… the name of a poem by Saul Williams, but also, a real life story.
The Nation Institute recently uncovered some brutal new stories of an older news topic: the hidden race war during the Hurricane Katrina aftermath in New Orleans, when white residents fearing black looters formed citizens’ militias that systematically targeted black residents.
In one neighborhood, Algiers Point – a small, white neighborhood surrounded by a black residential area – became an explosive environment. Whites rounded up shotguns, pistols, and rifles, and prowled the neighborhood for “niggers” who looked out of place. Black residents were murdered in the street, after which the white residents stretched the bodies out on the sidewalks to scare away “looters”. One vigilante described, “in this neighborhood we take care of our own.” According to a government aid group, by 2006 about 2,300 people had still not found after Hurricane Katrina, 3/4 of whom were black. The Nation says probably 11 people were murdered by the Algiers Point militia.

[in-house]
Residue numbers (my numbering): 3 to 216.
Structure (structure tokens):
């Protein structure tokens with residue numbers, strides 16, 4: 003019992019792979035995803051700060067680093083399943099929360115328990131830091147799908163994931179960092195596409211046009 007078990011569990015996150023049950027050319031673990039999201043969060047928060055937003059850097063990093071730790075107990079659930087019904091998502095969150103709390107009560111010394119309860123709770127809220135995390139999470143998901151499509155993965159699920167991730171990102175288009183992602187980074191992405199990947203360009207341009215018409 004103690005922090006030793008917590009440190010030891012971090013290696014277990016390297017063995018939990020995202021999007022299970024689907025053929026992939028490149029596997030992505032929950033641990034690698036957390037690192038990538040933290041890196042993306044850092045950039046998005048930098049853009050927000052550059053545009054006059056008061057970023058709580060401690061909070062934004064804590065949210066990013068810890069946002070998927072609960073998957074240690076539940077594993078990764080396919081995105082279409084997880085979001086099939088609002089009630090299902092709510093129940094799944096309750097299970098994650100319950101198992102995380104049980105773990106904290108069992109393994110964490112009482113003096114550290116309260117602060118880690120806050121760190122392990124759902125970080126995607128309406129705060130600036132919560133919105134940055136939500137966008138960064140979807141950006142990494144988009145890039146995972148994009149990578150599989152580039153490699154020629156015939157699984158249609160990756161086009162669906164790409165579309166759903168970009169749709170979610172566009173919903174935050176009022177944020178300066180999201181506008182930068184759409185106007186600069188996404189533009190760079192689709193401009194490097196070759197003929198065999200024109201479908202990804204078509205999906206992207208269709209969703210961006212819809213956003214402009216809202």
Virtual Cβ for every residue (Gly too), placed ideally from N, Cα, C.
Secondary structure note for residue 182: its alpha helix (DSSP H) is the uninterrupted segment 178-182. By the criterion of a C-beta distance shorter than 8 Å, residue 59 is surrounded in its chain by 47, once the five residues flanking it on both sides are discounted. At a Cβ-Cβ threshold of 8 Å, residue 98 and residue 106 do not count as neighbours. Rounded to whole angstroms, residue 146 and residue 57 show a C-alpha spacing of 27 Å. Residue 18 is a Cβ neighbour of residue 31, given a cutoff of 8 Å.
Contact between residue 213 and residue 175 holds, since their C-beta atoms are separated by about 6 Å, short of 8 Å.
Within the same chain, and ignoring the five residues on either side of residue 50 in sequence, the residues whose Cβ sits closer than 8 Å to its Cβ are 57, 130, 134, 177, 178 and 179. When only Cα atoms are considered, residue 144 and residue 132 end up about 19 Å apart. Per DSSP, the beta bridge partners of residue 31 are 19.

The Algiers Point militia was praised during the time period. Once the National Guard arrived, there was a flag-waving celebration, the murders forgotten, and the motivations never investigated. The article details the accounts of black residents who searched for drop-off and evacuation points and were harassed by the armed gunmen. Some were told to run, and then shot at – regardless of whether they lived in Algiers or not.